Or, how to do a Unit Study for any book!
We are homeschoolers. Not those homeschoolers. You know, the ones whose kids are up practicing their violin at 7 a.m. after a nutritious breakfast. But, those homeschoolers are great. We’re also not those homeschoolers. You know, the ones who follow their children’s whims even if it leads to daily binges of Fortnite or spending weeks tracking down every dinosaur-related book, field trip, and video in the area. But, those homeschoolers are great.
We are somewhere in between. The homeschoolers that find both ends of the spectrum fascinating but is not really either of them. Usually, my kids are wearing pants and we make sure to hit math and language arts daily.
However, after binging The Brave Learner, by Julie Bogart, I wanted magic. I wanted adventure. I wanted to loosen up and still feel accomplished.
We had a stack of library books. We always have a stack of library books. We mixed it up by starting our day forgoing the school table and opening the library bag. We moved our read-aloud time to breakfast. I happened to have two books by Jim LeMarche, Pond and The Raft.
After Pond we were hooked. The kids, ranging 7 to 12, wanted more. We moved on to The Raft. The Raft follows Nicky as he spends the summer with his very unplugged Grandmother at her cabin in the woods. And, here is where I decided to really trash our day and go off-book.
Where were they?
We decided to use the book to try to narrow down the location of the cabin. Let me preface this by saying do not let the kids read the book flap (if you have a hardback) or description as the answer is right there.
The book is littered with clues. We used them to narrow down the summer getaway’s location. What could we cover academically on this mystery adventure? Reading, writing, research, art, geography, history, math – hmm, well that is actually quite a lot.
How to do a Unit Study
1. Choose your question
In our case, the question arose from a book, The Raft. But, questions come from anywhere – art, TV, why is the dog doing that?!
We read the book and decided to ask and see if we could determine from the book’s clues:
Where are they?
2. Identify the Clues
We realized that there were a lot of things mentioned in the book that could be regional. So, we made a list:
- General Location – we assumed the U.S.
- Blue Gills
- River Otters
- White Tail Deer
- Fresh Water Clams (pearls?)
- Humid Summers
3. Research the Clues
Like every homeschooler I have ever met we have a plethora of books. This was a great opportunity to dig in and see if we could find some answers.
We started with an Atlas and an Animal Encyclopedia. There are a lot of great ones but I really like and used these:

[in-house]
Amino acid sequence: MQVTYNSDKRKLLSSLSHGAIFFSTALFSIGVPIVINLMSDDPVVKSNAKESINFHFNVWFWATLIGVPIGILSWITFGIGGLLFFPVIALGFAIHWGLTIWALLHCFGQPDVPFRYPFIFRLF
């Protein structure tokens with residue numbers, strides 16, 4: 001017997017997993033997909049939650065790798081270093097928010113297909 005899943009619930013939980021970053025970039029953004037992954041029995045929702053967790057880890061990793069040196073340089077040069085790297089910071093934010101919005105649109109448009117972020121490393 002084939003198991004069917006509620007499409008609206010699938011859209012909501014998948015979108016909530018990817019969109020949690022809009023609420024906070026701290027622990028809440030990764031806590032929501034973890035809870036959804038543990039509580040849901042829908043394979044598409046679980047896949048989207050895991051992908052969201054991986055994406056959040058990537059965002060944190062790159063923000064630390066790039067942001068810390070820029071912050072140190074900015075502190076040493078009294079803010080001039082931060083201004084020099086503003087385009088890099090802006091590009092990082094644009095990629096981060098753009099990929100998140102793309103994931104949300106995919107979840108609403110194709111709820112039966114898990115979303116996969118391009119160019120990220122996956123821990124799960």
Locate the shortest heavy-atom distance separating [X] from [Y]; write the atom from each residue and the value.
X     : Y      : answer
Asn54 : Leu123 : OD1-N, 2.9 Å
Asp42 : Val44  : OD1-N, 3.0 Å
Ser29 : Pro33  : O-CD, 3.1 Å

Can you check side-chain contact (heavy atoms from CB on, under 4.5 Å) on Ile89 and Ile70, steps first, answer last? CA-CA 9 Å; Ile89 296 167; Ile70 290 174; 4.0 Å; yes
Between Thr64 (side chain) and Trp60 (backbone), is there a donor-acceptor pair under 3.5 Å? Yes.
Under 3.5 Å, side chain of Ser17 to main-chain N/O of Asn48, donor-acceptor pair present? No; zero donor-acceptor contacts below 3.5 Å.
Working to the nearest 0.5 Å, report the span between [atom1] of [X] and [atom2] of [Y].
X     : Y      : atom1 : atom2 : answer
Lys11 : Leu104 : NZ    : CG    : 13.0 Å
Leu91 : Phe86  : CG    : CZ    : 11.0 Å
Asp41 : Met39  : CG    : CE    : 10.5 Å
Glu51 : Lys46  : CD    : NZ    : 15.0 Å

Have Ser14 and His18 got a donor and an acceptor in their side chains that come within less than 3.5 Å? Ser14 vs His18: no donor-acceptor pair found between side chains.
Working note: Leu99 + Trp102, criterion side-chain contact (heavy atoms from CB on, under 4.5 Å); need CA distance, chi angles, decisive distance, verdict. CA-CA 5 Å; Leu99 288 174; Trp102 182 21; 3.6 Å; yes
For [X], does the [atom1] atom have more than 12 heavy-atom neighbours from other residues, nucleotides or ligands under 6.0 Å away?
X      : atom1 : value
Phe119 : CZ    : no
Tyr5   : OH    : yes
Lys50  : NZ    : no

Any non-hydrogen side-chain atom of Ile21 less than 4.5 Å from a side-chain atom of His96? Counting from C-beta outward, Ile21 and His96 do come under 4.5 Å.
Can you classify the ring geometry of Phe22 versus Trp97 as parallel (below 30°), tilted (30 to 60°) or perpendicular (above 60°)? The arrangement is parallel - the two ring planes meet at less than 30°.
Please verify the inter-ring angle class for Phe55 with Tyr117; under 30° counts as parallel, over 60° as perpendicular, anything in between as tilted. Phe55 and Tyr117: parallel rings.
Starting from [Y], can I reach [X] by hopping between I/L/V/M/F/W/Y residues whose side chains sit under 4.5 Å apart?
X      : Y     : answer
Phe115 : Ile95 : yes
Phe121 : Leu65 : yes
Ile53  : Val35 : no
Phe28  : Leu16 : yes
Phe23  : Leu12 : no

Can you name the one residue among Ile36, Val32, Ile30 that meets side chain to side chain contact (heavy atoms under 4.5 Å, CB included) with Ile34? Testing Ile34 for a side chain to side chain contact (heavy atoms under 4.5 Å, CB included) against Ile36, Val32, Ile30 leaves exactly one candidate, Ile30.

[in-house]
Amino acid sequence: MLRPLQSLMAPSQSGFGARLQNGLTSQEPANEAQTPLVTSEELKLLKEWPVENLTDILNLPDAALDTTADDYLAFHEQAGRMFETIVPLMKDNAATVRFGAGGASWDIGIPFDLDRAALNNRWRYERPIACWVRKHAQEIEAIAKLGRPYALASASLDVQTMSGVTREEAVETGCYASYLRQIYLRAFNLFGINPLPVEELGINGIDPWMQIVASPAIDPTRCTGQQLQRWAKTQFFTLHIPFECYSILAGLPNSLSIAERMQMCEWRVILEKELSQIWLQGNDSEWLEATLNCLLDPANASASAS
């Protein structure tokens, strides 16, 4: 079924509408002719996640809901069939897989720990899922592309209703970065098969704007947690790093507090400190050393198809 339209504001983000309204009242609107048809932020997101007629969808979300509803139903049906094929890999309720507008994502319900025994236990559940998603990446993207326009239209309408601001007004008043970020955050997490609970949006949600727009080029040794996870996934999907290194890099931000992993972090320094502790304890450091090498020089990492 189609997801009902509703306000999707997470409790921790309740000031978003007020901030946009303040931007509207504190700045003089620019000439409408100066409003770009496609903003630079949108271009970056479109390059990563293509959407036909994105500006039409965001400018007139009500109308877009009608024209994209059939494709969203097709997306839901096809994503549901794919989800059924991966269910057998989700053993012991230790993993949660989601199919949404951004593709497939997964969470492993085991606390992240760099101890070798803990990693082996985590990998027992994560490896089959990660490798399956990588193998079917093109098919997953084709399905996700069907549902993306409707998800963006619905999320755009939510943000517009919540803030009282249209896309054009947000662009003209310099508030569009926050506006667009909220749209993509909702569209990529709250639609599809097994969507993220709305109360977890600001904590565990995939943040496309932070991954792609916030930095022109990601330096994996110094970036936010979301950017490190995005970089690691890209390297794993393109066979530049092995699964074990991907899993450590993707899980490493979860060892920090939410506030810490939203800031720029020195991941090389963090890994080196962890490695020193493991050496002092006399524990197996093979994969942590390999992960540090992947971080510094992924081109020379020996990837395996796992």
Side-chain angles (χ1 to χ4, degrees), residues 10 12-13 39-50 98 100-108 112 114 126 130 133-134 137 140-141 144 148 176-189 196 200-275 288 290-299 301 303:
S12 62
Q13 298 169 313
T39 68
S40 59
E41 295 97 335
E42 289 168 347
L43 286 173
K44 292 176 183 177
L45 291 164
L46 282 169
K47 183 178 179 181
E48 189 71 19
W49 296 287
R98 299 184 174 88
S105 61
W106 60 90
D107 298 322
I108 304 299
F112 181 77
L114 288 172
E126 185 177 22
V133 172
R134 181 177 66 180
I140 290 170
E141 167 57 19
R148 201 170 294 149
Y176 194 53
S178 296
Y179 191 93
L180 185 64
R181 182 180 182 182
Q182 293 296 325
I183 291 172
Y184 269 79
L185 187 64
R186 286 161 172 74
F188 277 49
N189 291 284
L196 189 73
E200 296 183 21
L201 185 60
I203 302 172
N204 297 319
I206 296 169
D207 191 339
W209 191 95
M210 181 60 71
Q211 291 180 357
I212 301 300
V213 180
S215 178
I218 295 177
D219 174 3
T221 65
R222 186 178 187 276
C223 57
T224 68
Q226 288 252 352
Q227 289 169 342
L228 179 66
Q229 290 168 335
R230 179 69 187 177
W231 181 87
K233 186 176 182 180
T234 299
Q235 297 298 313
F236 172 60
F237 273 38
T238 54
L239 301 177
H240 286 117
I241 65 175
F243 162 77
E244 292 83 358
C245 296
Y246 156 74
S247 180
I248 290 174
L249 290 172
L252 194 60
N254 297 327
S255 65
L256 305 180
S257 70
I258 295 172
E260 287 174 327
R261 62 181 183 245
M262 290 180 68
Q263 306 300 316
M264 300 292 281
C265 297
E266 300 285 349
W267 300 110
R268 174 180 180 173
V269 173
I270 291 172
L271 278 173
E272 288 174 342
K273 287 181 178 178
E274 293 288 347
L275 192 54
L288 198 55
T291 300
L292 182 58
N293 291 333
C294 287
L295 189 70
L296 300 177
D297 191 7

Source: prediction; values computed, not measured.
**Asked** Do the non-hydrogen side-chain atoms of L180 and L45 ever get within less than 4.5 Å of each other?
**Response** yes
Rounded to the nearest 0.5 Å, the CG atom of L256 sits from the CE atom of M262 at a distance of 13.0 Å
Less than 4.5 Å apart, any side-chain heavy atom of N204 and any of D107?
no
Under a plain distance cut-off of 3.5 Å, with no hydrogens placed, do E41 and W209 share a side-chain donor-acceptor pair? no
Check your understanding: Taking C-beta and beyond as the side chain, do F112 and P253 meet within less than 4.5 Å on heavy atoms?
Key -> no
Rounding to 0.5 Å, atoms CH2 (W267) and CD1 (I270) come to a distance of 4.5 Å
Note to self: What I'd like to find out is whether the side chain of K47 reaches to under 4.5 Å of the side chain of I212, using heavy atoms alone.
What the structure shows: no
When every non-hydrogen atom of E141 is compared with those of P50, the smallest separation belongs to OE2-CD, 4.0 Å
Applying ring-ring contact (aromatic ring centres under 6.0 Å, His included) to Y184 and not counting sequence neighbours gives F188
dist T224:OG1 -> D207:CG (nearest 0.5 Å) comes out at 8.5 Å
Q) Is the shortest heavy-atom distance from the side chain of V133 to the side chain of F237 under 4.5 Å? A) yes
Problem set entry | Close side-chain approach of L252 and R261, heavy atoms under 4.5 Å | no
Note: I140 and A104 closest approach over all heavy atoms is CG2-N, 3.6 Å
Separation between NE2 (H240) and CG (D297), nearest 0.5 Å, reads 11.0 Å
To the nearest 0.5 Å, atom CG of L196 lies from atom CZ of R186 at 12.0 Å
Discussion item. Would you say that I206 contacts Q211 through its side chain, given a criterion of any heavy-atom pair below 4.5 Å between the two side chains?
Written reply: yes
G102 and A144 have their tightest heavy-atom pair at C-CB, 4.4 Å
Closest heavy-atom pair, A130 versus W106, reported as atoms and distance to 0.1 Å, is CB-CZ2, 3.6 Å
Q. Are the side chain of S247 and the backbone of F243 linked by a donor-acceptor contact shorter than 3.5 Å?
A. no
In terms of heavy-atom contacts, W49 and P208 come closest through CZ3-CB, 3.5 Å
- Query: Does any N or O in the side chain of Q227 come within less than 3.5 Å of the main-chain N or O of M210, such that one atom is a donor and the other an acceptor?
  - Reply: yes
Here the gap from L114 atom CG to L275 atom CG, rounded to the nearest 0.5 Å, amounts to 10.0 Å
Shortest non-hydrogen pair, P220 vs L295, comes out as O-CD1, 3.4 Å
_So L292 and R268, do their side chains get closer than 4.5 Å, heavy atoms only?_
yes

- Barron’s Amazing Fact-Packed, Fold-Out Atlas of the World: With Awesome Pop-Up Map!Â
- National Geographic Animal Encyclopedia: 2,500 Animals with Photos, Maps, and More!Â
Here we determined the best way to figure out where Nicky and his grandmother were would be to cross-reference the animals’ known ranges on a blank map of the United States. I downloaded this free one so that we could see states boundaries and rivers.
Then we brushed off our trusty colored pencils and go to work.
4. Find the Answers
Initially, we started with the books we had. If we could not find a sufficient answer we went online. I really like being able to cast my phone or tablet to the TV screen. So, we worked like that. Each of us reading and honing our search terms.
If we needed a video we would watch it.
As we found an animal’s range we would shade its rough location on the map. If there was somewhere it did not go – we put big ‘X’s on it.
Age and ability will determine how much each person is doing – writing, reading, etc. If you get bogged down in research and a little one gets bored or starts to stray introduce a blank sheet and a photo for them to make a nature card or picture.
Everyone can help. Everyone can discuss.
One of our big discussions was about bears. The kids were convinced a grizzly bear was referenced. They spent a lot of time examining the page in the book that showed the bear carving.
I thought we had better odds of it being a black bear – hello, math, probabilities, and persuasive arguments!
Once we got this far we had it narrowed down to six states: Louisiana, Mississippi, Arkansas, Missouri, Minnesota, and Wisconsin. Based on everything we researched the only clue left that I felt was identifying was that they described the summer as “hot and humid.”
Here is where perspective comes in. We live in Houston. We know “hot and humid.” We wear our glistening, sweat-drenched t-shirts like a badge of honor five months of the year (if you think summer is only three months you do not live here). We crossed out Minnesota and Wisconsin.
5. Check Your Work
Like any good math teacher would tell you – check your work! Once you have an answer it is a good idea to make sure it is the correct one. Good thing because (ahem) we were wrong.
What?! They don’t have hot humid summers! Except, apparently, they do. Who knew? Well, now we do!
6. Just Keep Learning, Just Keep Learning, Just Keep Learning, Learning, Learning! What do we do? We Learn, Learn, Learn!
And, then you get crazy.
Here is the secret you can do whatever you want. This book can take you many different directions. We chose to make cornbread like Nicky and his grandmother ate. It is delicious and cooking involves math and chemistry.
We use a great (or should I say, the Best) recipe from Once Upon a Chef.
There are so many more options!
- Discuss Classification while you research the animals – what makes one different from the other?
- Make cane poles and go fishing
- Make a raft – Sailing a Stick Raft, Duct Tape River Raft
- Learn how to lash
- Use Chalk Pastels to practice drawing birds
- Copywork from the book
- Visit a wetland area, zoo, lake, etc.
- Make Animal Tracking Cards
- Coloring Pages: Otters, Birds, Fox